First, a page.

Ohio Wesleyan University senior Bradley P. Turnwald has earned a three-year Stanford University Graduate Fellowship in the California-based college’s biomedical science doctoral program. The fellowship is valued at more than $220,000.
Turnwald, of Ottoville, Ohio, will begin his graduate career in the laboratory of H. Craig Heller, Ph.D., who studies circadian rhythm, sleep, memory, and physiology. Turnwald earned one of only 100 Fellowships awarded annually by Stanford to incoming doctoral students across all disciplines.
In his area of study, biology, only 50 of 600 applicants were admitted, and Turnwald earned one of just five Graduate Fellowships awarded in the discipline. After earning his doctorate, he expects to conduct postdoctoral research for a few years and then apply for academic faculty positions.
Turnwald credits his OWU experience with helping him to define his dreams and then to take significant steps toward achieving them.
“Dr. Dave Markwardt [professor of zoology] has been my long-time mentor here at OWU and has helped me in all-things science,” Turnwald says.
“OWU has definitely become my home over the last four years,” he notes. “I think the quality of people we have here from the top of the administration down through the faculty, staff, and students allow for maximum personal and academic growth. I love the passion I see from people on campus.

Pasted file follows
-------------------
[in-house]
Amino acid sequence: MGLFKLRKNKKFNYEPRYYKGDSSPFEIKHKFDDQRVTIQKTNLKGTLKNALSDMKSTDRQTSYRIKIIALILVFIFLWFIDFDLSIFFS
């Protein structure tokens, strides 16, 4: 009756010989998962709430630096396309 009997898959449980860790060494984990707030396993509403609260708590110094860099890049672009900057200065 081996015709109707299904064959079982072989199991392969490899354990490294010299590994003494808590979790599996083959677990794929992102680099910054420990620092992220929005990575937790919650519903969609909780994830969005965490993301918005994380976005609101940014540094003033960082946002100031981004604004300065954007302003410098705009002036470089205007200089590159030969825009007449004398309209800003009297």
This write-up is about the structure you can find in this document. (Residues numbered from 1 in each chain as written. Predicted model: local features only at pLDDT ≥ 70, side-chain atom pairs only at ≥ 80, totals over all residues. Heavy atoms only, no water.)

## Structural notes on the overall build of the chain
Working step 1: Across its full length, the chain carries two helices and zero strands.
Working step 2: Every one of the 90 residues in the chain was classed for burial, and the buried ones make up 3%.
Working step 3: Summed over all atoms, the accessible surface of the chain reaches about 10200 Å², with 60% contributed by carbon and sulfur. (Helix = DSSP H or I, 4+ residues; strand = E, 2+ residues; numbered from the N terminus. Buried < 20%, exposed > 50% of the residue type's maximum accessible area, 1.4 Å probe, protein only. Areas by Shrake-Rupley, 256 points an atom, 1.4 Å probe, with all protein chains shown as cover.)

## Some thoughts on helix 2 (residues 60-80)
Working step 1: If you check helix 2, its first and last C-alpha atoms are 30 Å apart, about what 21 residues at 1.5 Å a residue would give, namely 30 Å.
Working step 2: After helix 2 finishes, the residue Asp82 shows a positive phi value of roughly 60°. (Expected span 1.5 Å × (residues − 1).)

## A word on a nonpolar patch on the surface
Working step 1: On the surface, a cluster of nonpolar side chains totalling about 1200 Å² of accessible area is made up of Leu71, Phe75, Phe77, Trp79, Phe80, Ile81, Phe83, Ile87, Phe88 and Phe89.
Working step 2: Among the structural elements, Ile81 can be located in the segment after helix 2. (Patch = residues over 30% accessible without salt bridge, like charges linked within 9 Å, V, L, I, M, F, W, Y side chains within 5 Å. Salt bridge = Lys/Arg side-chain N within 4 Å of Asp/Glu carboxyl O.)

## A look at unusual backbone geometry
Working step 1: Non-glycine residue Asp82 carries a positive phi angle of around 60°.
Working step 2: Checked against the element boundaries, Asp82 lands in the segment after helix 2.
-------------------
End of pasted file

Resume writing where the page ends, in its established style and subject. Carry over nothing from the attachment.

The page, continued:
“Whether it’s about clubs, academics, athletics, or social issues, people here are excited about what they are doing and believe they can change the world for the better,” he says. “There is an attitude that everything is possible at OWU and I really believe it’s true.”
When he visited Stanford, Turnwald says, he was excited by the energy of the campus and the scientific community, and he is confident he is ready for the many challenges ahead.
“I know that I am prepared to begin graduate school at Stanford because of the outstanding faculty that have mentored me in the sciences,” Turnwald says. “I’ve had fantastic instruction in my courses here to complement my research experiences at the [Houston] Texas Medical Center and the headquarters of European Molecular Biology Laboratories in Heidelberg, Germany.”
As an OWU junior, Turnwald also earned academic recognition when he was named a 2012-2013 Goldwater Scholar by the Barry M. Goldwater Scholarship and Excellence in Education Foundation.
He earned the Goldwater Scholarship for research conducted in Texas under the direction of 1961 OWU alumnus Herbert L. DuPont, M.D., director of the Center for Infectious Diseases at the University of Texas School of Public Health.
Congratulations, Brad, on your latest success. You are an inspiration to us all!